Indian Tribes of the Lower Mississippi Valley and Adjacent Coast of the Gulf of Mexico

Indian Tribes of the Lower Mississippi Valley and Adjacent Coast of the Gulf of Mexico

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Indian Tribes of the Lower Mississippi Valley and Adjacent Coast of the Gulf of Mexico

Indian Tribes of the Lower Mississippi Valley and Adjacent Coast of the Gulf of Mexico

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Excerpt

The region with which the present bulletin deals is one of unusual interest both to the ethnologist and the archeologist; to the ethnologist owing to its exceptional linguistic complexity, in which in the territory north of Mexico it is exceeded only by the Pacific coast, and to the archeologist because the lower Mississippi valley is one of the richest fields for exploration in the entire United States. This interest is increased by its strategic position between the mound culture of the Mississipi and Ohio valleys and the cultures of Mexico and Yucatan, and by the presence within it of a tribe so highly organized socially that it is often pointed to as a remnant of that culture to which "the mound builders" are supposed to have belonged.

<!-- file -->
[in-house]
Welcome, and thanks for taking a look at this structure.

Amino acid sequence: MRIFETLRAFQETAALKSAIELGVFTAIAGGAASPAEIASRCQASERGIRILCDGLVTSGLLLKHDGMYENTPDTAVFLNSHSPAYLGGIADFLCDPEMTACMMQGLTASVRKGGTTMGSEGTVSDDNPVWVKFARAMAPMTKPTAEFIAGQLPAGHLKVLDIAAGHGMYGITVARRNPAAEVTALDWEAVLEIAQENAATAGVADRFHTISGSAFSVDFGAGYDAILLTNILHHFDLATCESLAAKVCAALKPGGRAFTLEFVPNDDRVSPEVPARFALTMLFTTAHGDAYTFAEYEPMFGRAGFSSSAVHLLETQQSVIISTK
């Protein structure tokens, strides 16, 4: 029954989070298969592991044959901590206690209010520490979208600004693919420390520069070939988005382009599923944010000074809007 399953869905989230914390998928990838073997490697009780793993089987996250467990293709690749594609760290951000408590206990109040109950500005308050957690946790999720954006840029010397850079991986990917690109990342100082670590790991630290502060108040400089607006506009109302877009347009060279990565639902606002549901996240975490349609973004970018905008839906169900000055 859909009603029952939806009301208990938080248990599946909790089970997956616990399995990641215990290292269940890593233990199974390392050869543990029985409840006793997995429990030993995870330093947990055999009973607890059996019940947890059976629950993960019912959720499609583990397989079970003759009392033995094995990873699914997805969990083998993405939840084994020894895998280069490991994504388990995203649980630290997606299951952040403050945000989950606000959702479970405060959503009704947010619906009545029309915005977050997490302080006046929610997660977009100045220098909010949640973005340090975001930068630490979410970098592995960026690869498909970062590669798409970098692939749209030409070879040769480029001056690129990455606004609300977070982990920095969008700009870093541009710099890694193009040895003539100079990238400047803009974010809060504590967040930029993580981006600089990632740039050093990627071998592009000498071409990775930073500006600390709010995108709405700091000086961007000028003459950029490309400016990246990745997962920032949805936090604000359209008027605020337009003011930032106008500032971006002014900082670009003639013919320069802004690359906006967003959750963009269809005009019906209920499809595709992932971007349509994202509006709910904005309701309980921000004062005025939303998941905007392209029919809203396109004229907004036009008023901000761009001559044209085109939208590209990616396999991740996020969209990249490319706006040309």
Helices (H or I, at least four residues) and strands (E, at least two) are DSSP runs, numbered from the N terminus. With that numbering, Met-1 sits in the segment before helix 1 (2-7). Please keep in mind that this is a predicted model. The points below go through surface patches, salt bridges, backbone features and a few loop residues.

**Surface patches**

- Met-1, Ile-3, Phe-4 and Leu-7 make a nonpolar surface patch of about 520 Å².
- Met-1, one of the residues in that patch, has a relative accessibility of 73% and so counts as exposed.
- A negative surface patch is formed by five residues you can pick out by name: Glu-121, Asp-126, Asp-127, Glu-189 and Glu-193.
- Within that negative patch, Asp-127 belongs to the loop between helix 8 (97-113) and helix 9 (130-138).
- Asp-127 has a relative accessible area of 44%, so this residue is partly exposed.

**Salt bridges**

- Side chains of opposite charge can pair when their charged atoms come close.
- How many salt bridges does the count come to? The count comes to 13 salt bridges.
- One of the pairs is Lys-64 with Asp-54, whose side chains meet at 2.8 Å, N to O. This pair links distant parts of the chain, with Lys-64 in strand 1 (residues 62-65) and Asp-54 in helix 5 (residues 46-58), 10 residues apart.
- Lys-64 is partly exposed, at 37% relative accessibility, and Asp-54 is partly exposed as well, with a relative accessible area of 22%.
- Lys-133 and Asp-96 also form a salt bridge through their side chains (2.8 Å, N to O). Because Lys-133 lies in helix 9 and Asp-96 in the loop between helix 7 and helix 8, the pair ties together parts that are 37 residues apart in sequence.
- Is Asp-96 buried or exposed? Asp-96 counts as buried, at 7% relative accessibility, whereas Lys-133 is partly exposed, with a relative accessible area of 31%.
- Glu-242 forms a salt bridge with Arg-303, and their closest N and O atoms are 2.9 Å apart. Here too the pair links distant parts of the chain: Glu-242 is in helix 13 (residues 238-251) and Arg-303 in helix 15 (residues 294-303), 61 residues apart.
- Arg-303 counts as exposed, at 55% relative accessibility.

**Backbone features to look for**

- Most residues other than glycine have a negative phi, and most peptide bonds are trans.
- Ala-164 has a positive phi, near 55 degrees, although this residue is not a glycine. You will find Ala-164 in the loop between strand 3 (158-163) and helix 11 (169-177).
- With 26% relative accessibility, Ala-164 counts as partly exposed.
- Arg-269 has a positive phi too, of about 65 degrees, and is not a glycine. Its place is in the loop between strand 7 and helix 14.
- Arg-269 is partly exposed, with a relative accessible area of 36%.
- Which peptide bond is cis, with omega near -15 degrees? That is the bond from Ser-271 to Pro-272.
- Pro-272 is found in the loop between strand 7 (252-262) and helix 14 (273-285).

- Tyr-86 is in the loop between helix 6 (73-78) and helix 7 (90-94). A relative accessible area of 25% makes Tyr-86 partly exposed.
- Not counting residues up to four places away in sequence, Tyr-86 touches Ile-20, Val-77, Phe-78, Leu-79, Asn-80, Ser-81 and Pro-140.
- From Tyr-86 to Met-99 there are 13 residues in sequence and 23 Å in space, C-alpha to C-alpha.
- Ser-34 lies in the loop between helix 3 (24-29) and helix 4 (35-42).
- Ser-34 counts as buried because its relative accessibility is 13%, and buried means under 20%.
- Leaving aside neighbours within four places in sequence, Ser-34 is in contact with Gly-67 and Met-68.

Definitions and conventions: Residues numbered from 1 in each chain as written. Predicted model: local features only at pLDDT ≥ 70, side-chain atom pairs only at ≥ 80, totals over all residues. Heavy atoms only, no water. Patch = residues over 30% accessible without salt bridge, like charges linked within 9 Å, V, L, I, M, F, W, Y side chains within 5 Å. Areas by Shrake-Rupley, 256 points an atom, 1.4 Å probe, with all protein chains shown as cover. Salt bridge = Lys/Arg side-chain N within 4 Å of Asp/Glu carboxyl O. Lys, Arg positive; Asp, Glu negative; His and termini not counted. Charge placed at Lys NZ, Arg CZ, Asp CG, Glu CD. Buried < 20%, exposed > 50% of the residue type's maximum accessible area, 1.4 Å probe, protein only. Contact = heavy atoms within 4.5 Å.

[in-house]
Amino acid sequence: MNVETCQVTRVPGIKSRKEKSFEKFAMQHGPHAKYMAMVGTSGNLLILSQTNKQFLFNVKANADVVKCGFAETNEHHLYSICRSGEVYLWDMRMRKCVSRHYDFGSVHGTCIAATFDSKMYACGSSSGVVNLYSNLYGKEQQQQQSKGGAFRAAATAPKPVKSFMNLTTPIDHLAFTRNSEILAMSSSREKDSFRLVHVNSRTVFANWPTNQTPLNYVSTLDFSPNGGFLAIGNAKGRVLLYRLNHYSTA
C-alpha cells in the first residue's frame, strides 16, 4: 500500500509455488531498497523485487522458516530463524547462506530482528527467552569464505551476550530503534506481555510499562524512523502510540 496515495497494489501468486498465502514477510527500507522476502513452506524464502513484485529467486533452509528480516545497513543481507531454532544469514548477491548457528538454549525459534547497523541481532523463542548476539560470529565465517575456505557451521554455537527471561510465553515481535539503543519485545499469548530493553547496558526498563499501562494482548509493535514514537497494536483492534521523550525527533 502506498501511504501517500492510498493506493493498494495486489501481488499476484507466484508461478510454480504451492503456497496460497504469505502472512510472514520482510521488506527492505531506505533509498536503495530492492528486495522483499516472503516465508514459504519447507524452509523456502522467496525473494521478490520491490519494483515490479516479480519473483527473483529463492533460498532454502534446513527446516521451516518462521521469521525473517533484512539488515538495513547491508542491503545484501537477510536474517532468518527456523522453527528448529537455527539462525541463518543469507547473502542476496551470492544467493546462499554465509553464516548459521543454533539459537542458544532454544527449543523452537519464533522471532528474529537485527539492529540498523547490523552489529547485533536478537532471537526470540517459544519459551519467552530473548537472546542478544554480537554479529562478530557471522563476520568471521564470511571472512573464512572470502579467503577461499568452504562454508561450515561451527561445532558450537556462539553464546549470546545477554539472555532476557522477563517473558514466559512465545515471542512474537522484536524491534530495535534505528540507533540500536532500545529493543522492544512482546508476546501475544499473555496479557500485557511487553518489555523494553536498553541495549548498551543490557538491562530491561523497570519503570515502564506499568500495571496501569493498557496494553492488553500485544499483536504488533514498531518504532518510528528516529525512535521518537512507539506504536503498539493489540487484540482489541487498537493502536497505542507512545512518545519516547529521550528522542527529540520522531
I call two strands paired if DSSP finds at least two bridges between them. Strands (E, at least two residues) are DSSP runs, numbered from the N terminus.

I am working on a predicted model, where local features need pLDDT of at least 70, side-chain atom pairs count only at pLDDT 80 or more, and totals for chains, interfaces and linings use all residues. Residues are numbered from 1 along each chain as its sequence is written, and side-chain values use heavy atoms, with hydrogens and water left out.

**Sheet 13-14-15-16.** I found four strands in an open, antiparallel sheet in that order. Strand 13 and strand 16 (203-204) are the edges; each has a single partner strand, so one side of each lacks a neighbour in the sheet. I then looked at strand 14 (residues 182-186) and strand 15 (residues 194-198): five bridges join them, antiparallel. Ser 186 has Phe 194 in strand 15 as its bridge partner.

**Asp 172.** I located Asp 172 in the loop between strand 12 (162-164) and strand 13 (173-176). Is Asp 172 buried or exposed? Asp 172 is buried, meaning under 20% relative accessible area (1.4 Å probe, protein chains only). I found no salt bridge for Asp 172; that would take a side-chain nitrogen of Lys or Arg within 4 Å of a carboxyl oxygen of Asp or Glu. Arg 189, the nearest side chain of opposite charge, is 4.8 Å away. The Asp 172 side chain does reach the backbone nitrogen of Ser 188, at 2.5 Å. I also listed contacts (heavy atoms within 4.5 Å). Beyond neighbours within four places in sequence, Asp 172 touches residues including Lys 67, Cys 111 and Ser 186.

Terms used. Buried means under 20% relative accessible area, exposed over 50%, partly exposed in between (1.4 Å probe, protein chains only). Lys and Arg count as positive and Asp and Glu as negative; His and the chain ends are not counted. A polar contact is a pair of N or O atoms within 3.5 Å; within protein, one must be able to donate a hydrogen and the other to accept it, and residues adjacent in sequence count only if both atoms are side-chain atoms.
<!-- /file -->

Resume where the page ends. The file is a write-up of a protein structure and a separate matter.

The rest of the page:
In this treatise the writer has attempted to furnish as complete an account of the history of each tribe and the ethnological facts concerning it as the published material render possible. He is aware that in France and this country, and probably in Spain, there is much manuscript material which would be necessary to an absolutely final account, but the work of bringing this out and placing it in permanent form belongs rather to the historian than to the ethnologist. The literary work connected with the present effort, although it forms so large a portion of the whole, has been undertaken only in connection with direct ethnological investigation among the remnants of the tribes in question. The results of this direct work have been principally linguistic, however, and since the philological material is to be published separately, a comparatively small residuum is left for insertion here. This is confined, in fact, to some myths and ethnological notes collected from the Natchez, Tunica, and Chitimacha, the other tribes being either extinct or too far disintegrated to furnish any valuable material. One of the most important results of the writer's investigations, however, has been in the linguistic classification of the tribes of this area contained in the . . .

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